KUALA LUMPUR, July 22 (Bernama) -- The government is in the midst of

finalising the National Franchise Development Blueprint, which is set for launch

later this year, said Deputy Prime Minister, Tan Sri Muhyiddin Mohd Yassin.

Muhyiddin said the blueprint would outline new policies and directions,

including strategies and action plan aimed at boosting the industry.

"The government is also considering tax incentives to promote franchise as

the preferred business expansion model," he said at the launch of Franchise

International Malaysia 2011 (FIM 2011) conference and exhibition here today.

He said with the resources that the government was pumping into franchise

development, the contributions from the industry for the next five years were

expected to increase twofold, or 4.3 per cent, of the gross domestic product,

providing more than 2.5 per cent to the national employment.

It would continue to increase by more than fourfold to 9.4 per cent by 2020.

Muhyiddin said the government was collaborating with industry players to

conceive and sprout new franchise businesses in specific sectors such as green

technology, early childhood education, personal and healthcare services.

"I have been informed that two brands -- Children Islamic Centre (CIC) and

Genius Aulad -- home-grown franchises assisted by the government that emphasise

on early childhood Islamic education or enrichment centres that use English as

the teaching medium are some of the successful franchise models developed.

"These two franchises are expanding rapidly locally, CIC with 24 outlets

since May 2010 and Genius Aulad with 19 outlets since August 2010, and are

expected to go global with full support from the government," he said.

Meanwhile, Minster of Domestic Trade, Cooperatives and Consumerism, Datuk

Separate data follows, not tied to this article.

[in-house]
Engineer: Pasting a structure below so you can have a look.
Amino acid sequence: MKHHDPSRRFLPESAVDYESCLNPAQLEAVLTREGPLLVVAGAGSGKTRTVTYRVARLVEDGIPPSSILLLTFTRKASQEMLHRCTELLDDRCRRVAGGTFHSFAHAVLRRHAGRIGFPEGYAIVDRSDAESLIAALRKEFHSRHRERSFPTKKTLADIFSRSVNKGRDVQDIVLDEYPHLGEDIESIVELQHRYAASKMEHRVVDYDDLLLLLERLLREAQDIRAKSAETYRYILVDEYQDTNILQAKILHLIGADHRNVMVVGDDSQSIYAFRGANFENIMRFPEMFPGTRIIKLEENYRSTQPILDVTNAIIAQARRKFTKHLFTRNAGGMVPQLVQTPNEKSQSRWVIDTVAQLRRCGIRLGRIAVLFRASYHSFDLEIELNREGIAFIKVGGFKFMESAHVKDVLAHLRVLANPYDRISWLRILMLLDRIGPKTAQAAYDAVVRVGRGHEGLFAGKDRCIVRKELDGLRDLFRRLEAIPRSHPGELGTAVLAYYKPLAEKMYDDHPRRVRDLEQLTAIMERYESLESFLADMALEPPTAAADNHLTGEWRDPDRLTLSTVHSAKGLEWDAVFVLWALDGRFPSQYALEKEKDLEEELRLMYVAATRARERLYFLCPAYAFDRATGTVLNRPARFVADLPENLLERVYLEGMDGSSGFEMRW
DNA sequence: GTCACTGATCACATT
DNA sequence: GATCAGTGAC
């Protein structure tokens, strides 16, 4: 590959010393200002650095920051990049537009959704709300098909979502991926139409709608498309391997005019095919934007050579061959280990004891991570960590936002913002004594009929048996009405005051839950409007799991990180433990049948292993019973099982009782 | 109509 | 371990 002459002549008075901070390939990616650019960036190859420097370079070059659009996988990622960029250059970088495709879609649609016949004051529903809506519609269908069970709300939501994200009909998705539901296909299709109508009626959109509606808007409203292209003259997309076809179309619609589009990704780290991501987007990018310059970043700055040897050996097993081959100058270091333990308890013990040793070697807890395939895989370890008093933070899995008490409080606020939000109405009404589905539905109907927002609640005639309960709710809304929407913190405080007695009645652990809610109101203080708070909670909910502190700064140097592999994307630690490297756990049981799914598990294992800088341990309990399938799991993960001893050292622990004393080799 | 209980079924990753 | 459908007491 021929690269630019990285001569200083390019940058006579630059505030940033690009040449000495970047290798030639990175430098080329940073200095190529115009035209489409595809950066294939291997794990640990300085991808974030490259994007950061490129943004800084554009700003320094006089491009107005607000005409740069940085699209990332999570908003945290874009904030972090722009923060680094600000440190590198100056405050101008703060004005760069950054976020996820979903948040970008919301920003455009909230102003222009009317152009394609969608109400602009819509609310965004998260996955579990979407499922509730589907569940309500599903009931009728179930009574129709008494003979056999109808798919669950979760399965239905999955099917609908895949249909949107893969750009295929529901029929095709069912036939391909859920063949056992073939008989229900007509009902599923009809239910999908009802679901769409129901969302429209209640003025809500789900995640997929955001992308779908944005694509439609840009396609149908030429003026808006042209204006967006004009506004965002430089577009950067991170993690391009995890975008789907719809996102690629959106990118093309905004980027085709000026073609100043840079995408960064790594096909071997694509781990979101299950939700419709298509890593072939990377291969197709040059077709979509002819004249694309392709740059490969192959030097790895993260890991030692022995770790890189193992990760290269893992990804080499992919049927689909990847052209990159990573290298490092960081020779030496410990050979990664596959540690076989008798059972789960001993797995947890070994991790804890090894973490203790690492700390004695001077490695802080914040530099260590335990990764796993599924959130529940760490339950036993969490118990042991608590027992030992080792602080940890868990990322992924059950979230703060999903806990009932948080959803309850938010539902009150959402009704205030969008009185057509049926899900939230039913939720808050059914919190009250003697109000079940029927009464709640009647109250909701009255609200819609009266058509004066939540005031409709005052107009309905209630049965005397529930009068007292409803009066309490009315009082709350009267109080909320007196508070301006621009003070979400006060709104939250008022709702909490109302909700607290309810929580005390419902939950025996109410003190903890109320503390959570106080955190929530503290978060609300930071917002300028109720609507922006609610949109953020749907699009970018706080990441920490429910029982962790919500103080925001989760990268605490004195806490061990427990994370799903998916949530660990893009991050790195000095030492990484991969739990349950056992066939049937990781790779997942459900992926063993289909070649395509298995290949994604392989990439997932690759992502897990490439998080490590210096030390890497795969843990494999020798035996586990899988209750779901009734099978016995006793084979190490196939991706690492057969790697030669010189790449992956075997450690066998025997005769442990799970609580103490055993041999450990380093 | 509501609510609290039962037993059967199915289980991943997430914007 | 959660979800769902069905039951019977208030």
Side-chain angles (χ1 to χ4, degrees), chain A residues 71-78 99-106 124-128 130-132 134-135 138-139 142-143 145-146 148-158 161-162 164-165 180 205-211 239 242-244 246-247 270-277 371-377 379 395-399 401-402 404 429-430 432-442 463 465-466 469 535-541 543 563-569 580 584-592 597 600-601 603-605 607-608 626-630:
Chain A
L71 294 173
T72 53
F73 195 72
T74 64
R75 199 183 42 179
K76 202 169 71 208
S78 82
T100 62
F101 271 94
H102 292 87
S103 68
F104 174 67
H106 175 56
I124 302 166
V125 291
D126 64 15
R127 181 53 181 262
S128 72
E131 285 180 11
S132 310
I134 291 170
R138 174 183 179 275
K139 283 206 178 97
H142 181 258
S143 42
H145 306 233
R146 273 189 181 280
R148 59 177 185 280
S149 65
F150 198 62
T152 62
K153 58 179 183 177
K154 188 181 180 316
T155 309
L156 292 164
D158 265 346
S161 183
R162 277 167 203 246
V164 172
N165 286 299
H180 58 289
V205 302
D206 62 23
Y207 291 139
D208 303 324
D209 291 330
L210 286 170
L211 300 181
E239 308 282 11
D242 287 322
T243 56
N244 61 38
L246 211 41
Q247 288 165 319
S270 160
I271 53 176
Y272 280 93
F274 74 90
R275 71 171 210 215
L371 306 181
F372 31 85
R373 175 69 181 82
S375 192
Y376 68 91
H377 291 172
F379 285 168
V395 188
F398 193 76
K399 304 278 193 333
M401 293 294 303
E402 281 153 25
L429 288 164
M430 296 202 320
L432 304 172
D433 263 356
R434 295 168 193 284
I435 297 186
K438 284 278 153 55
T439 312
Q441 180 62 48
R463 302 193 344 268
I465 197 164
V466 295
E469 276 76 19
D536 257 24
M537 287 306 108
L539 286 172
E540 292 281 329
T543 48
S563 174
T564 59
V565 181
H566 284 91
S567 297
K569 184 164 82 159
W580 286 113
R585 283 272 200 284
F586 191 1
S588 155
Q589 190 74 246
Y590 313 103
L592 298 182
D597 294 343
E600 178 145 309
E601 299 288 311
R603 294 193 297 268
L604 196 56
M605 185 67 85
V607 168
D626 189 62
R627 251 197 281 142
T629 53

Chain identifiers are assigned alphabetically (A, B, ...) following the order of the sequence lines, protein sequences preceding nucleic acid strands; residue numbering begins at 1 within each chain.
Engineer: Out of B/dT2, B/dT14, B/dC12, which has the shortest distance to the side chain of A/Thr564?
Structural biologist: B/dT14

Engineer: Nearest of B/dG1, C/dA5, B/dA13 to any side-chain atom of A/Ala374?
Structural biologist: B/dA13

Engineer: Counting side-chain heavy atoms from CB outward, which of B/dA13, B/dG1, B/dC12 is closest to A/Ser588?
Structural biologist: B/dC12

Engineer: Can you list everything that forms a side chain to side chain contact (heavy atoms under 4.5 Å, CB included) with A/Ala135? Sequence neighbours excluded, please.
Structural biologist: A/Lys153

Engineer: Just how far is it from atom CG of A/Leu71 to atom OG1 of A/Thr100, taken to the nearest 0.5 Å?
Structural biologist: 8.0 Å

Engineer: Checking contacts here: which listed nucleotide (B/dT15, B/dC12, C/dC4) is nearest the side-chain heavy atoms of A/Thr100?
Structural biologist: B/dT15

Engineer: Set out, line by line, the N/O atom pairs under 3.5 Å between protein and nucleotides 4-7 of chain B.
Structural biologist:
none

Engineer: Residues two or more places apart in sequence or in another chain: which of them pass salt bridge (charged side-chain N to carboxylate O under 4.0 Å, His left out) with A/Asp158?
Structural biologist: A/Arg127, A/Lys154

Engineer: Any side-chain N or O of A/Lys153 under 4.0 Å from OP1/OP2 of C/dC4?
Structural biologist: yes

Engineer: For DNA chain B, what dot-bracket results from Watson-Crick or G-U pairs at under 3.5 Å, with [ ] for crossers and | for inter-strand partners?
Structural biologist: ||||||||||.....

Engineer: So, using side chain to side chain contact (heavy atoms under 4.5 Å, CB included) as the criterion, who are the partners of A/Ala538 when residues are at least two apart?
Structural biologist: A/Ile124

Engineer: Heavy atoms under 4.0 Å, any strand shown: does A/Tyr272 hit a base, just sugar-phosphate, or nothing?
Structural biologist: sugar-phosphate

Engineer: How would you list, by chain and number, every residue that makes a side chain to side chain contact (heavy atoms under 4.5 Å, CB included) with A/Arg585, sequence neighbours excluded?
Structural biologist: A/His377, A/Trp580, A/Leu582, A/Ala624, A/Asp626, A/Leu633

Seri Ismail Sabri Yaakob, said the blueprint was at the final stage of


"There are a few incentives that are still in discussion. Insyaallah, we

will launch it before year-end," he told a media briefing after the launch of

FIM 2011 here today.

He said the Franchise Act would be revised this year to ensure that the

ministry would be able detect the problems faced by the franchisees.

"We will table this in Parliament for next session. For now, we only depend

on the franchisors to inform the ministry of the total number of franchisees.

"Hence, it''s difficult to get the right number. If the franchisors do not

inform us, we wouldn''t know," he said.

Ismail said the revised Act would also require franchisees to submit annual

reports to his ministry.

"They don''t do that now, so we don''t know their problems. We only know that

they are faced with financial difficulties when we read the newspapers," he


The revised Act, he said, would ensure that the problems of franchisees''

businesses could be detected earlier as they had to register with the ministry.




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